PHILADELPHIA, PA – The Philadelphia School Partnership (PSP) today announced it has awarded an additional $343,600 in incubation grants to three Philadelphia schools to support expansion and turnaround plans so they can provide a high-quality education to more students. The Great Schools Fund will award $275,000 to support turnaround plans at St. Thomas Aquinas School and St. Helena-Incarnation School, and $68,600 to Independence Charter School to support planning of a new K-8 school or high school. To date, the Great Schools Fund has invested $34.7 million to create 15,620 seats in great schools of all types, including nearly $3 million in growth grants earlier this month.
“To improve education across the city, there needs to be continuing innovation in all three sectors – district, charter and private,” said Mark Gleason, executive director of the Philadelphia School Partnership. “These grants address the unique needs and opportunities of two school models in both the public and private sector and the demand from families for more high-quality schools.”
St. Thomas Aquinas and St. Helena-Incarnation, PreK-8 schools in South Philadelphia and Olney, respectively, serve predominantly low-income and minority students. Both schools are part of the Independence Mission Schools (IMS) network, which assumed management of 13 Philadelphia Catholic schools last year. The schools have historically struggled to achieve high academic results and maintain and grow enrollment. The school leaders, both newly appointed by IMS, will work with IMS leadership to develop strategic plans to improve academic achievement and long-term financial sustainability. Last year, PSP made an investment in DePaul Catholic School, another IMS network school, to implement a blended-learning model that has resulted in dramatic academic gains as well as an increase in enrollment of over 100 students in just one year.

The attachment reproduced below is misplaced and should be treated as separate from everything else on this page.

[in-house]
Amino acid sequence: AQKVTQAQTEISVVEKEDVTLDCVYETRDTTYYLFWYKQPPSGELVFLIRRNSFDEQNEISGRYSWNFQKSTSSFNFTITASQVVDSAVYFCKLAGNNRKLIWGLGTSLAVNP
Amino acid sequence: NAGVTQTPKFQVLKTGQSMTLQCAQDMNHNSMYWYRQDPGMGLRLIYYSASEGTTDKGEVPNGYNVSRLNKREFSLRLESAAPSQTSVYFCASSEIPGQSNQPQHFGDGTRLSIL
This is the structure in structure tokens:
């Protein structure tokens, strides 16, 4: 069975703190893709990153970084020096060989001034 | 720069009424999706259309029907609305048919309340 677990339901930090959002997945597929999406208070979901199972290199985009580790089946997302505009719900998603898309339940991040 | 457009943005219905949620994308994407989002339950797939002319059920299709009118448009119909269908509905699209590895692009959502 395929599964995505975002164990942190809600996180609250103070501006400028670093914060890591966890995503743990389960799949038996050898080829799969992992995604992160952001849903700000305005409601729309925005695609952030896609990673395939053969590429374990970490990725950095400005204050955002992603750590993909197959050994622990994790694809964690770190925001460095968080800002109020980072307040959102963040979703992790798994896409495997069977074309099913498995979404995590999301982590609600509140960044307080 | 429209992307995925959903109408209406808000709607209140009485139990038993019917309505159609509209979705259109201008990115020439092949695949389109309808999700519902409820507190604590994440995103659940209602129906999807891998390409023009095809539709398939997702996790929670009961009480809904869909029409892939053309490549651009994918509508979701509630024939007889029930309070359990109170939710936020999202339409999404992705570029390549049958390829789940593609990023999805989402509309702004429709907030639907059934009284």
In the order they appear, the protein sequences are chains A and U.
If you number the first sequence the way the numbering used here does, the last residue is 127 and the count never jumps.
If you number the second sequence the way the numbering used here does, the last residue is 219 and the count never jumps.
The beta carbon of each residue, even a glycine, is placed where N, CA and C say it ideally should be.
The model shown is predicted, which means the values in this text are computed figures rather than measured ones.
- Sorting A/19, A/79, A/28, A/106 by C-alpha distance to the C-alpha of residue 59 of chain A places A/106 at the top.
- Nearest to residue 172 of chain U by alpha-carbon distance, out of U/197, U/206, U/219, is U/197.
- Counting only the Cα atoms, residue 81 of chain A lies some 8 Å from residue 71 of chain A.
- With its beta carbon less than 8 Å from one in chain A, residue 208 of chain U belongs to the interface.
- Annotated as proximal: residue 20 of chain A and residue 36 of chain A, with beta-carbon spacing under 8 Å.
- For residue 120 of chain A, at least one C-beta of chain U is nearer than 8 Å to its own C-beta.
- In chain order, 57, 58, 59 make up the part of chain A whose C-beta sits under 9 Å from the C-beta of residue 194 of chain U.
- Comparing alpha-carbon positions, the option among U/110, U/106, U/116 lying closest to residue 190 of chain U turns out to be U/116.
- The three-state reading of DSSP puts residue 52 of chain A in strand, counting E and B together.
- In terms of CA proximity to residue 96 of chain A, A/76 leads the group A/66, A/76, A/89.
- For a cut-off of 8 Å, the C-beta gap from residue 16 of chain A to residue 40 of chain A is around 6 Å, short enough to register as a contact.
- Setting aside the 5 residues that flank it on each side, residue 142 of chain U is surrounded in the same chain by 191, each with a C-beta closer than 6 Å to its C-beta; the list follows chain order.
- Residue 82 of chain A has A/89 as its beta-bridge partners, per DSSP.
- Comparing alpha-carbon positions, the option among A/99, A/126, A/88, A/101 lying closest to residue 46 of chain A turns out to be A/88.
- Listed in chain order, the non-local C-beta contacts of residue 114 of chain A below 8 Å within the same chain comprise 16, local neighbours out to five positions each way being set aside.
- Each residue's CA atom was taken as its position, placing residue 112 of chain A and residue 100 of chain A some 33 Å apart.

“IMS is identifying opportunities to provide a high-quality education to more students while instituting strong business practices in order to achieve financial stability,” said Jessica Pena, Director of the Great Schools Fund. “As we have seen in most turnaround schools, we expect the transformation initiative to result in increased enrollment of up to 30 percent.”
Independence Charter School (ICS) is a K-8 school that serves approximately 800 students and is one of the highest-quality public schools in the city. ICS scored 79.4 on the PA School Performance Profile, and the school has a waitlist of over 900 students. The ICS leadership team will use the grant to develop a plan to expand or replicate the highly successful school and meet the demand from families across the city.
“Demand for Independence Charter School is extremely high; they receive hundreds of applications every year for less than 50 kindergarten slots,” said Pena. “ICS is responding to this demand by planning for expansion, and our funding will help the leaders to develop a plan to either replicate or grow into the high school grades.”
Approximately $137,000 will support the development of a strategic turnaround plan for St. Thomas Aquinas
St. Thomas Aquinas School currently serves 240 students but has the capacity to serve as many as 450 students. The student body is largely low-income and racially diverse: 63 percent of students are non-Catholic, 48 percent are African American, 34 percent are Asian and 17 percent are Hispanic. The school performs below the average reading and writing levels compared to other Catholic schools. Approximately 57 percent of students are doing math on grade level and 49 percent are reading on grade level. The school’s new principal, Vince Mazzio, joined the school in the fall of 2013 and is preparing to lead a dramatic turnaround in academic performance.